I am not claiming the high ground for myself here. I have made similar assumptions particularly when there is no possibility of retrieving the truth. But what I absolutely refuse to do, is to revel in and celebrate the death of a young man that was so isolated and depressed that suicide became his only solution. That is very sad, indeed. Those hate filled comments in that comment section don't say anything about what kind of man Mark Madoff was. Because they don't know. But they sure speak volumes about what kind of people many of us have become.

There's a part of me that wishes we could tell the truth again. To see the national epidemic of suicide that we are experiencing rather than hiding from it with the aid of glossed over obituaries. We don't learn anything when we run from something or pretend it doesn't exist. In that same vein,  I've probably been associated with at least a 100 suicides in my life. Everyone of them is a horrific tragedy. Tragic lives and tragic endings. Death messages delivered and followed closely by sobs, shrieks, and wailing delivered at the top of one's lungs. Agony, anguish, and despair like you'll never want to see or hear again. Scenes that I desperately want to erase. When you have that kind of perspective, you see the other side. For those of you that haven't seen that side of life, I desperately wish that you could. I can't bear the thought of witnessing what I have seen and then celebrating someone's suicide. I am going to hope and pray that those experiences of mine would have the same effect on the people writing those comments yesterday.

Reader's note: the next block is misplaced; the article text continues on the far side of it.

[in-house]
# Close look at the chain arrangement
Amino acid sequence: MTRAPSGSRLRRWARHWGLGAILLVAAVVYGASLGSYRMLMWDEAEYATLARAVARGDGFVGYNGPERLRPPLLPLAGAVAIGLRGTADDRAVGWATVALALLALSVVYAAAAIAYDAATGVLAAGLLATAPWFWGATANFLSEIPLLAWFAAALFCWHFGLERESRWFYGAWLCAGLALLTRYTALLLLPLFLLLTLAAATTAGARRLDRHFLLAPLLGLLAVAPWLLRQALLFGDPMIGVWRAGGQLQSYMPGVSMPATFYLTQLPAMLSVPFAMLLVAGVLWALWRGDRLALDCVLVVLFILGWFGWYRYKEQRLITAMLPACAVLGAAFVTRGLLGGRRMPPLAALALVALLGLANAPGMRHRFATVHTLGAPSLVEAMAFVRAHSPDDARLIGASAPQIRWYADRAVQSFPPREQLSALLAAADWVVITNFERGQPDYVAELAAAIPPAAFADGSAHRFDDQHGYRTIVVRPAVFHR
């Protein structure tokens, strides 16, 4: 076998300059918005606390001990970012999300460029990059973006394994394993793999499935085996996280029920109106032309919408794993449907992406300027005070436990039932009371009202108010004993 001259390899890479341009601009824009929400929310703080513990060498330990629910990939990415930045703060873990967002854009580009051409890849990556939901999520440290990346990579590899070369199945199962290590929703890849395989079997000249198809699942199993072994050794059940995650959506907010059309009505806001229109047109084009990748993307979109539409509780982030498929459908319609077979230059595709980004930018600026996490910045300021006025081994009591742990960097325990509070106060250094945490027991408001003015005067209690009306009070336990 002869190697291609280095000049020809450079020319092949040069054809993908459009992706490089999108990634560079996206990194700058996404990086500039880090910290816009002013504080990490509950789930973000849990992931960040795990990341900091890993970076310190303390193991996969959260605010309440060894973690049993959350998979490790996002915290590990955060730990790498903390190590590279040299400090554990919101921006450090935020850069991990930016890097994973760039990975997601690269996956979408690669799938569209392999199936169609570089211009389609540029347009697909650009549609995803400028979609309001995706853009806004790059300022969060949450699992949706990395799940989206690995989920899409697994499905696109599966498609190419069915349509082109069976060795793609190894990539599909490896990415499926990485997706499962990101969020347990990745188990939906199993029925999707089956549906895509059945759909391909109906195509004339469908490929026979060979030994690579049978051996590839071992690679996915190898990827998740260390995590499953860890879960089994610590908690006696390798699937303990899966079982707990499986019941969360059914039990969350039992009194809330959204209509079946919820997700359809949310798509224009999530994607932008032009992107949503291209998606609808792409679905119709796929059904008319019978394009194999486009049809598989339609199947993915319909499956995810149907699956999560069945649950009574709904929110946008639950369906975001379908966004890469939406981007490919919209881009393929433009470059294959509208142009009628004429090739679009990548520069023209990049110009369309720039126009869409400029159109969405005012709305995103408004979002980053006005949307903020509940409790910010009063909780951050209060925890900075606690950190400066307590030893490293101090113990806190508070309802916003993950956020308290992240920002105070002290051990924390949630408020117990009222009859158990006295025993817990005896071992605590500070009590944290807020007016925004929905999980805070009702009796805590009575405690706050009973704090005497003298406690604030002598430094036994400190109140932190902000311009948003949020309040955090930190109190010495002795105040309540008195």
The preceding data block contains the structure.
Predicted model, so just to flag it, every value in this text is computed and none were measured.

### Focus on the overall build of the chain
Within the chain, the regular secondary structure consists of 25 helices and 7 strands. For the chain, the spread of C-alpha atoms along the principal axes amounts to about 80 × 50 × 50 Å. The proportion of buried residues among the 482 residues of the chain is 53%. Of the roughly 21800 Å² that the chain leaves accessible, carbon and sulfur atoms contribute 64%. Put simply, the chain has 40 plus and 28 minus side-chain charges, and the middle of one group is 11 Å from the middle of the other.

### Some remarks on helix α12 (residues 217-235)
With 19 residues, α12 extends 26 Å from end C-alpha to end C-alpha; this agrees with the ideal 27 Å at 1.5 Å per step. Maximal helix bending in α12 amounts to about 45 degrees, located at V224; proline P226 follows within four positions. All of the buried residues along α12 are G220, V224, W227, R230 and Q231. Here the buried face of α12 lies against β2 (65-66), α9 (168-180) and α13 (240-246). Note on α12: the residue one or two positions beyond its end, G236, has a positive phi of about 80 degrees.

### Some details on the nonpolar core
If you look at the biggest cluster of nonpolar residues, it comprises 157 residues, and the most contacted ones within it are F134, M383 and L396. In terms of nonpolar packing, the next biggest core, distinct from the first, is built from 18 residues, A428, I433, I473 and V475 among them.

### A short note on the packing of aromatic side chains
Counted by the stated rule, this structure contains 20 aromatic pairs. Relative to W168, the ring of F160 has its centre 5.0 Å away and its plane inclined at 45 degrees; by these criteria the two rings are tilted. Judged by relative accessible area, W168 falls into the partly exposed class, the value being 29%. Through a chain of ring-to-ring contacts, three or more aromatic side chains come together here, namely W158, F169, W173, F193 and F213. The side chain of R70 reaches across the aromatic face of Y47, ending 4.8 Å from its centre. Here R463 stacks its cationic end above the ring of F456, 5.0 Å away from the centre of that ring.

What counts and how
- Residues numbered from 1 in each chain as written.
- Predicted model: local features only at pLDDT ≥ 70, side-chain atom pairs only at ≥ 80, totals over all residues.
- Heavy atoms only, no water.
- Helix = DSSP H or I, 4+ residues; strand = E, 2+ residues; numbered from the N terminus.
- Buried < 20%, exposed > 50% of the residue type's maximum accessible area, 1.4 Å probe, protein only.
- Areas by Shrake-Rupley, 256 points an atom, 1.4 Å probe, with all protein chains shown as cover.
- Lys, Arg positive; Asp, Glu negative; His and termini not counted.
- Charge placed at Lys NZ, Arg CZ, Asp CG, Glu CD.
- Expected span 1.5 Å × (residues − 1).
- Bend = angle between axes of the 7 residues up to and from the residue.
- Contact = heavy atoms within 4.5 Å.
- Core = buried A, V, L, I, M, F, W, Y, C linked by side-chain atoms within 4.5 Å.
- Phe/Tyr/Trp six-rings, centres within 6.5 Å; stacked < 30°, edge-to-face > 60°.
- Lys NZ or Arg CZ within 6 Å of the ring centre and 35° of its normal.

Anonymous said...

A powerful and moving rendering of the truth.

Other peoples lives seem to have little value these days. We seem to have lost our ability empathize with someone else's pain. There is far too much hate in this world and ti appears to be a trend that is growing.

A great post, my friend.

rawmuse said...

OK, I'll bite. What if it was a homicide? Russian mafia comes in, threatens his 2 year old, makes him do it, leaves. Chief, I am sure you have had to ask this question in your career; who benefits by this death?

Brian said...

Suicide scenes are investigated initially like homicide scenes. Most often, the police have access to evidence which is not released to the public. That they arrived at their conclusion so swiftly, and that Mark sent that email, (contents or other drafts which are not disclosed) the timing (that day) and perhaps a few other things like final preparations are just not items that will be disclosed until the report is released. Like phone calls to friends and sig others. Those things very often tend to paint an accurate portrayal of intent.

It's not impossible to make a homicide appear to be a suicide and I have seen a couple of situations that made me pause. There was no shortage of angry, hostile, people in this case- thinking the police had significant perhaps even overwhelming indications here.

rawmuse said...

There have been no shortages of suspicious deaths in the news of late. Not quite up to Clinton era levels, but close. I figured this was one more. My bro. in law is a coroner in Northern CA. He is doing that after being a cop for 20 years. It's a rough gig.

Brian said...

Interesting to note that 2010 is the year where there is no estate tax should you pass away...would kind of be interesting to note recent financial moves, trusts, stc